Battles & Leaders of the Civil War: The Case of Fitz John Porter (Illustrated)by Richard B. Irwin
Although Porter served well in the early battles of the
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Fitz John Porter (August 31, 1822 – May 21, 1901) (sometimes written FitzJohn Porter or Fitz-John Porter) was a career United States Army officer and a Union General during the American Civil War. He is most known for his performance at the Second Battle of Bull Run and his subsequent court martial.
Although Porter served well in the early battles of the Civil War, his military career was ruined by the controversial trial which was called by his political rivals. Afterwards he worked intensely to restore his tarnished reputation for almost 25 years, when he was finally restored to the army's roll.
At the Battle of Second Bull Run, Porter's Corps was sent to reinforce Pope’s army, and on August 29 he was ordered to attack the flank and rear of Stonewall Jackson’s Corps while also maintaining contact with General John Reynolds’ division, a conflict in orders that could not be resolved. Pope was also unaware that General Longstreet’'s wing of the army had arrived on the battlefield to Stonewall’s left, a deployment that induced Porter to widely choose not to make the attack. On August 30 Pope again ordered the flank attack, and Porter reluctantly complied. As his Corps turned to head towards Jackson's right and attacked, it presented its own (and consequently the entire army's) flank to Longstreet's waiting men. About 30,000 Confederates now assailed Porter's 5,000 or so men and drove through them and into the rest of Pope's forces, doing exactly what Porter most feared would come of these orders. Pope was infuriated by the defeat, accused Porter of insubordination, and relieved him of his command on September 5.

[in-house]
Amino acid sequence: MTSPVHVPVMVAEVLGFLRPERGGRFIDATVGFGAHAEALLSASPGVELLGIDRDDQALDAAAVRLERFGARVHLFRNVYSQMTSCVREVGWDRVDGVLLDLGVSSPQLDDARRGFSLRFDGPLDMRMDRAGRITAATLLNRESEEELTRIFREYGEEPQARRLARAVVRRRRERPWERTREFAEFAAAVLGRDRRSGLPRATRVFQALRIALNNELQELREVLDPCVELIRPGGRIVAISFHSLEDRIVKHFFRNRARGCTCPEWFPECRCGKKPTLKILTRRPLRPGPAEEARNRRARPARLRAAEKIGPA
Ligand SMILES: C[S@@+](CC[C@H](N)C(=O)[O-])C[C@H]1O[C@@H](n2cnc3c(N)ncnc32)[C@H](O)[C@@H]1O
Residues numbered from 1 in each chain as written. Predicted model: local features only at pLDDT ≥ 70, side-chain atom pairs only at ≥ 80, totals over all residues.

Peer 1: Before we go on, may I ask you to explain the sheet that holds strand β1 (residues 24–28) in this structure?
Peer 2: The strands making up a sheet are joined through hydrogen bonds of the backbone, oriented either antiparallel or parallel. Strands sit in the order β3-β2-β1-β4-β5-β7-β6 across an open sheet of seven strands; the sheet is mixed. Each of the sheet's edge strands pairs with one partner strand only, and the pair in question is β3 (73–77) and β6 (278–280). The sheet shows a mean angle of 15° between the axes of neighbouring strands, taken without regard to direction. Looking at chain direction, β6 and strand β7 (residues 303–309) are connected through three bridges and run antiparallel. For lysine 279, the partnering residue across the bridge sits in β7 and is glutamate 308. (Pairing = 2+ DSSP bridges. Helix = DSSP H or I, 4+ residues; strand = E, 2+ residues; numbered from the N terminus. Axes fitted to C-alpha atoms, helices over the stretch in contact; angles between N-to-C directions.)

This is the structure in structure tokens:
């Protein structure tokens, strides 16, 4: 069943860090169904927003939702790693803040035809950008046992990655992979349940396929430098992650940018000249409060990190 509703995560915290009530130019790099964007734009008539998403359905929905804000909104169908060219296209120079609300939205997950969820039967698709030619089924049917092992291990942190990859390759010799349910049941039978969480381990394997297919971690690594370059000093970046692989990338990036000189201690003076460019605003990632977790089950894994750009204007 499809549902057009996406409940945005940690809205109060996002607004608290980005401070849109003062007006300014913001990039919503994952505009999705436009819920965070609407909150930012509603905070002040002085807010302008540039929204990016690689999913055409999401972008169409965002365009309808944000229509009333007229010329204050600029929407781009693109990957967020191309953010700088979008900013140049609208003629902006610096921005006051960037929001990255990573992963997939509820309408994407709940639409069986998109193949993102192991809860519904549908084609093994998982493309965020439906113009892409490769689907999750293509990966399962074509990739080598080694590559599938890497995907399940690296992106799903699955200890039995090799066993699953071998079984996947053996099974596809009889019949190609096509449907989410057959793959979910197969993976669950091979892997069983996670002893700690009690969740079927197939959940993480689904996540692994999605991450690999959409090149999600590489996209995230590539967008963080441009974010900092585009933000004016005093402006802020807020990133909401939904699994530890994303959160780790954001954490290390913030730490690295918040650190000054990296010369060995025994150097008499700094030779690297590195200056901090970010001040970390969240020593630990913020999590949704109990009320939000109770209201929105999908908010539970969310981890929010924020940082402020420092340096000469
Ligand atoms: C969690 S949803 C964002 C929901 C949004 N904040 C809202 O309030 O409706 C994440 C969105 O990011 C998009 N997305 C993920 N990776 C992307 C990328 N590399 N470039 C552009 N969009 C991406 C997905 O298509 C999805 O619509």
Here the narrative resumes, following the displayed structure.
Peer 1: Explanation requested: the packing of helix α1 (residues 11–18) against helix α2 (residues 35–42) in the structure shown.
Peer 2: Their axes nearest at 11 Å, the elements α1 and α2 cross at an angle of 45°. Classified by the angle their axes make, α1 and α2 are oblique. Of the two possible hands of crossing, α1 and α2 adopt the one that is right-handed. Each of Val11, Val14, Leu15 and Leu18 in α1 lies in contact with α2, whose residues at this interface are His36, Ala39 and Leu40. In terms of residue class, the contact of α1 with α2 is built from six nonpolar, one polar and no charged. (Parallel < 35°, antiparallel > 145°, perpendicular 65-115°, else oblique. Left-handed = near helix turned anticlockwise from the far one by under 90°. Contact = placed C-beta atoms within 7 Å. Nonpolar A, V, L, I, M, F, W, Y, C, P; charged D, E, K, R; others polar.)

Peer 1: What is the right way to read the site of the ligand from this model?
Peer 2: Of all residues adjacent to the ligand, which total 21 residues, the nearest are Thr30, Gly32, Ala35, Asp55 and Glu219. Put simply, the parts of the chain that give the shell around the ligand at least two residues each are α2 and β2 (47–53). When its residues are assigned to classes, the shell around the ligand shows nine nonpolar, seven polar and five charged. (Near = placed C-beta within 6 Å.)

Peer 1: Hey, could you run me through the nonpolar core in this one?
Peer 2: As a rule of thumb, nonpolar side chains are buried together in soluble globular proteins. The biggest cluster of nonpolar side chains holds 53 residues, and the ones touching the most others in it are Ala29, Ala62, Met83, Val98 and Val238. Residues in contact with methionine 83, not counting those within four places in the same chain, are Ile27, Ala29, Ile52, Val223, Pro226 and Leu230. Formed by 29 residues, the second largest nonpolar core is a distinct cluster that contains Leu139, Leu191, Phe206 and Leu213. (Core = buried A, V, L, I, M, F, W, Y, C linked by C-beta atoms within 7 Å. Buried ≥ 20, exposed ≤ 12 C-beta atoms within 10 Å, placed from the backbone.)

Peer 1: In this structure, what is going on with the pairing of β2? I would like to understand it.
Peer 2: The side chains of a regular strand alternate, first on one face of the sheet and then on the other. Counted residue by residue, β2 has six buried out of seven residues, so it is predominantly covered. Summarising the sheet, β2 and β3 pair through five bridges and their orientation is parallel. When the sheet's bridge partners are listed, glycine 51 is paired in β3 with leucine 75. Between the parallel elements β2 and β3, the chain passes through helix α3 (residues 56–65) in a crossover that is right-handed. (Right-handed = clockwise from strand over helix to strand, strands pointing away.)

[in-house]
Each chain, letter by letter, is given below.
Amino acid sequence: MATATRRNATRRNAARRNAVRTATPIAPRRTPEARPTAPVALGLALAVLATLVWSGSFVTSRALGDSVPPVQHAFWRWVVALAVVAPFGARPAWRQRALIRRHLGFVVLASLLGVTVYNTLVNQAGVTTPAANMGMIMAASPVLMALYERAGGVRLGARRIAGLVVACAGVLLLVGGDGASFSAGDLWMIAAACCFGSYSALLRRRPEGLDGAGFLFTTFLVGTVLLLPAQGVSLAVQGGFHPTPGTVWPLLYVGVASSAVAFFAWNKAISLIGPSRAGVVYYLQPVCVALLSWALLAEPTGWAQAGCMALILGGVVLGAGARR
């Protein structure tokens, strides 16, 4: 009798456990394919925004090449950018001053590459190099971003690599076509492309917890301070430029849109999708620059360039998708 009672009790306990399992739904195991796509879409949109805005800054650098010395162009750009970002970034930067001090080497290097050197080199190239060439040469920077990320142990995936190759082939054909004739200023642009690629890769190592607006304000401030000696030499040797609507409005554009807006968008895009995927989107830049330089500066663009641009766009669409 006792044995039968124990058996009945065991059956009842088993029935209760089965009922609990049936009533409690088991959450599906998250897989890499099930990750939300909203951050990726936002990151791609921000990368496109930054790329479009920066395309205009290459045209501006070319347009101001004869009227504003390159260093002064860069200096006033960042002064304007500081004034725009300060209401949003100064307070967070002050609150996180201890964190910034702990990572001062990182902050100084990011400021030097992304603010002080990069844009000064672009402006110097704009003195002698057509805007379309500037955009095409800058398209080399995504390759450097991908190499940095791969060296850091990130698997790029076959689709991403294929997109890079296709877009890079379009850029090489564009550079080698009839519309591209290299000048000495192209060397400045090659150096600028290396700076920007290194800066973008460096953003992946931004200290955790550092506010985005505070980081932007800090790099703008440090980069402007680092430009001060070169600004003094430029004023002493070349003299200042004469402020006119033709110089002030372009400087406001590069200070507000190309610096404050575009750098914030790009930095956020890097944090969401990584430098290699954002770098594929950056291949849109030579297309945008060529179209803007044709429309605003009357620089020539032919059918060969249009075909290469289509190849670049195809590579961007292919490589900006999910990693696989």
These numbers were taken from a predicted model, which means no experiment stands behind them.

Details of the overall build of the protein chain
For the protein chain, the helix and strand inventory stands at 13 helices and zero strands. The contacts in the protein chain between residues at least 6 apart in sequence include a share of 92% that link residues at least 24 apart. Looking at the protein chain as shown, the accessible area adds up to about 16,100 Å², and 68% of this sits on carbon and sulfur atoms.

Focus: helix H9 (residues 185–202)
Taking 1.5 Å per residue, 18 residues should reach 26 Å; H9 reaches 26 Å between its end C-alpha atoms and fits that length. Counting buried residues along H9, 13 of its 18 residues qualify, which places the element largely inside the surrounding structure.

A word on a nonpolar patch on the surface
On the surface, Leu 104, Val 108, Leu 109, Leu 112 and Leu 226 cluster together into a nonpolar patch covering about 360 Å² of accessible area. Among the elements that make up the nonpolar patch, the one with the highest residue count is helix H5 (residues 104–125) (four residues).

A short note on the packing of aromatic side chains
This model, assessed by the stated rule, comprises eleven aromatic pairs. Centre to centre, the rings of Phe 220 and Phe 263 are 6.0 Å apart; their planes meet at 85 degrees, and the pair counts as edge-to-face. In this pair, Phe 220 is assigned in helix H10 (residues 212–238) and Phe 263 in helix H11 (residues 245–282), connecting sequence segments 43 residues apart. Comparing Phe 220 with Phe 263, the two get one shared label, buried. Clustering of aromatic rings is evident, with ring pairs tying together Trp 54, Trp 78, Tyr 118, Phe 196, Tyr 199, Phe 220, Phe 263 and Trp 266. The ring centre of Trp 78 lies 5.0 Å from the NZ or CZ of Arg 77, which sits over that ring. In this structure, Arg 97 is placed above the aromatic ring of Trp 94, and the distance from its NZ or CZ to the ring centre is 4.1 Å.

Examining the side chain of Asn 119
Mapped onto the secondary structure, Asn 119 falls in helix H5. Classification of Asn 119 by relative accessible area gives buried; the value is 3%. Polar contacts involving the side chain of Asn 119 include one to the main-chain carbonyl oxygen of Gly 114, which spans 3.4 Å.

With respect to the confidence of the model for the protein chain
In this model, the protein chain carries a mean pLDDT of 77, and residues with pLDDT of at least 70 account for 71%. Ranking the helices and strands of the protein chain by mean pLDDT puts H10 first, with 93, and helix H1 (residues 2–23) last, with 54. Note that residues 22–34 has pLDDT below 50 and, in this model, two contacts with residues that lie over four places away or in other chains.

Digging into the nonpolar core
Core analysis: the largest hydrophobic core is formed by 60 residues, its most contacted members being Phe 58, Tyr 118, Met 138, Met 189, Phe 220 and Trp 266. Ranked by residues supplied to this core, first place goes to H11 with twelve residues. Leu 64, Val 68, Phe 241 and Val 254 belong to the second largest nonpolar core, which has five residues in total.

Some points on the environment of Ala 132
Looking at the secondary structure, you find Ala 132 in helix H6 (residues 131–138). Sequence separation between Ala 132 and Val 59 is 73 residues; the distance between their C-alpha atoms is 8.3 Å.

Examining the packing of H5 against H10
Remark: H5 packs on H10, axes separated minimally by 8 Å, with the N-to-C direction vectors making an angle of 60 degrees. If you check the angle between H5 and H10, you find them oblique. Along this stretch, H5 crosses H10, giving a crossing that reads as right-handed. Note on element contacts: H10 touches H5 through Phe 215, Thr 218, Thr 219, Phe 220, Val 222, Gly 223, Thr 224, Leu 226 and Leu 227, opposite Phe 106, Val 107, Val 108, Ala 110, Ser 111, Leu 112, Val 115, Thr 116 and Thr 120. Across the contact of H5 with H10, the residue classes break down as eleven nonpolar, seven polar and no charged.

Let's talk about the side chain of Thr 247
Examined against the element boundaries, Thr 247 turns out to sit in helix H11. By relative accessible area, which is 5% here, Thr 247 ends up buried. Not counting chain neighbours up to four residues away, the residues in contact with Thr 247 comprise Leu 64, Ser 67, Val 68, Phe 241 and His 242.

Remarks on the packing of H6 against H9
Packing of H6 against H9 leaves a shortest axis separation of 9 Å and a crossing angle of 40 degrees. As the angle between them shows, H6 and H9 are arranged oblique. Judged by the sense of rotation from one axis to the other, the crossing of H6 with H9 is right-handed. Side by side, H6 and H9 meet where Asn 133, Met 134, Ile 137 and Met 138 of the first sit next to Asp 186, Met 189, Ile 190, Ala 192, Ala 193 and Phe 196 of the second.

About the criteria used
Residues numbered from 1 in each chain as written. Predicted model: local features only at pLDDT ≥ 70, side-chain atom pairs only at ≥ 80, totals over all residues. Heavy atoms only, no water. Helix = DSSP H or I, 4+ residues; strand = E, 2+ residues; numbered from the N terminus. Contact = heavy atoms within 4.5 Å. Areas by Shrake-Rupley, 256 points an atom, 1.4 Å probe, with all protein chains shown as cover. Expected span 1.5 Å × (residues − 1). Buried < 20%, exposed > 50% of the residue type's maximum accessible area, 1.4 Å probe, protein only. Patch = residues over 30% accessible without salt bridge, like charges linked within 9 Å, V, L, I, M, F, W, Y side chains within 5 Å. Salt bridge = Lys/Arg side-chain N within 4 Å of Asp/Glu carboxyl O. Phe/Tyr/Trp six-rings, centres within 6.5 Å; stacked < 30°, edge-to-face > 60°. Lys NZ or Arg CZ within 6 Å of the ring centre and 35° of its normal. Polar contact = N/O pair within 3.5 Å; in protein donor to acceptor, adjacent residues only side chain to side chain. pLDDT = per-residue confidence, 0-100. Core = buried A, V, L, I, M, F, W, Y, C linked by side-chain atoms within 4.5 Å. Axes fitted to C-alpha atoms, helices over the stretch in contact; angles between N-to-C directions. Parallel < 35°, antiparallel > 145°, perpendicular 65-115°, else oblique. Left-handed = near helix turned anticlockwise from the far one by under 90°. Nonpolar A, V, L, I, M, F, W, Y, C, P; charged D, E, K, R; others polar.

On November 25, 1862, Porter was arrested and court-martialed for his actions at Second Bull RunPorter's association with the disgraced General George McClellan and his open criticism of Pope were significant reasons for his conviction at court-martial. Porter was found guilty on January 10, 1863, of disobedience and misconduct, and he was dismissed from the Army on January 21, 1863. It would take him nearly three more decades to clear his name.
After the war, Richard B. Irwin, Lieutenant-Colonel and Assistant Adjutant-General, wrote an account of the notorious court marshaling of Fitz John Porter after the Battle of Second Bull Run which became part of the well known Battles & Leaders of the Civil War series. It discusses the reasons for the court martial and the subsequent reversal of the findings.
This edition is specially formatted with images of Porter, as well as Generals Lee, Longstreet, and Stonewall Jackson. It also includes maps of the campaign and battle.
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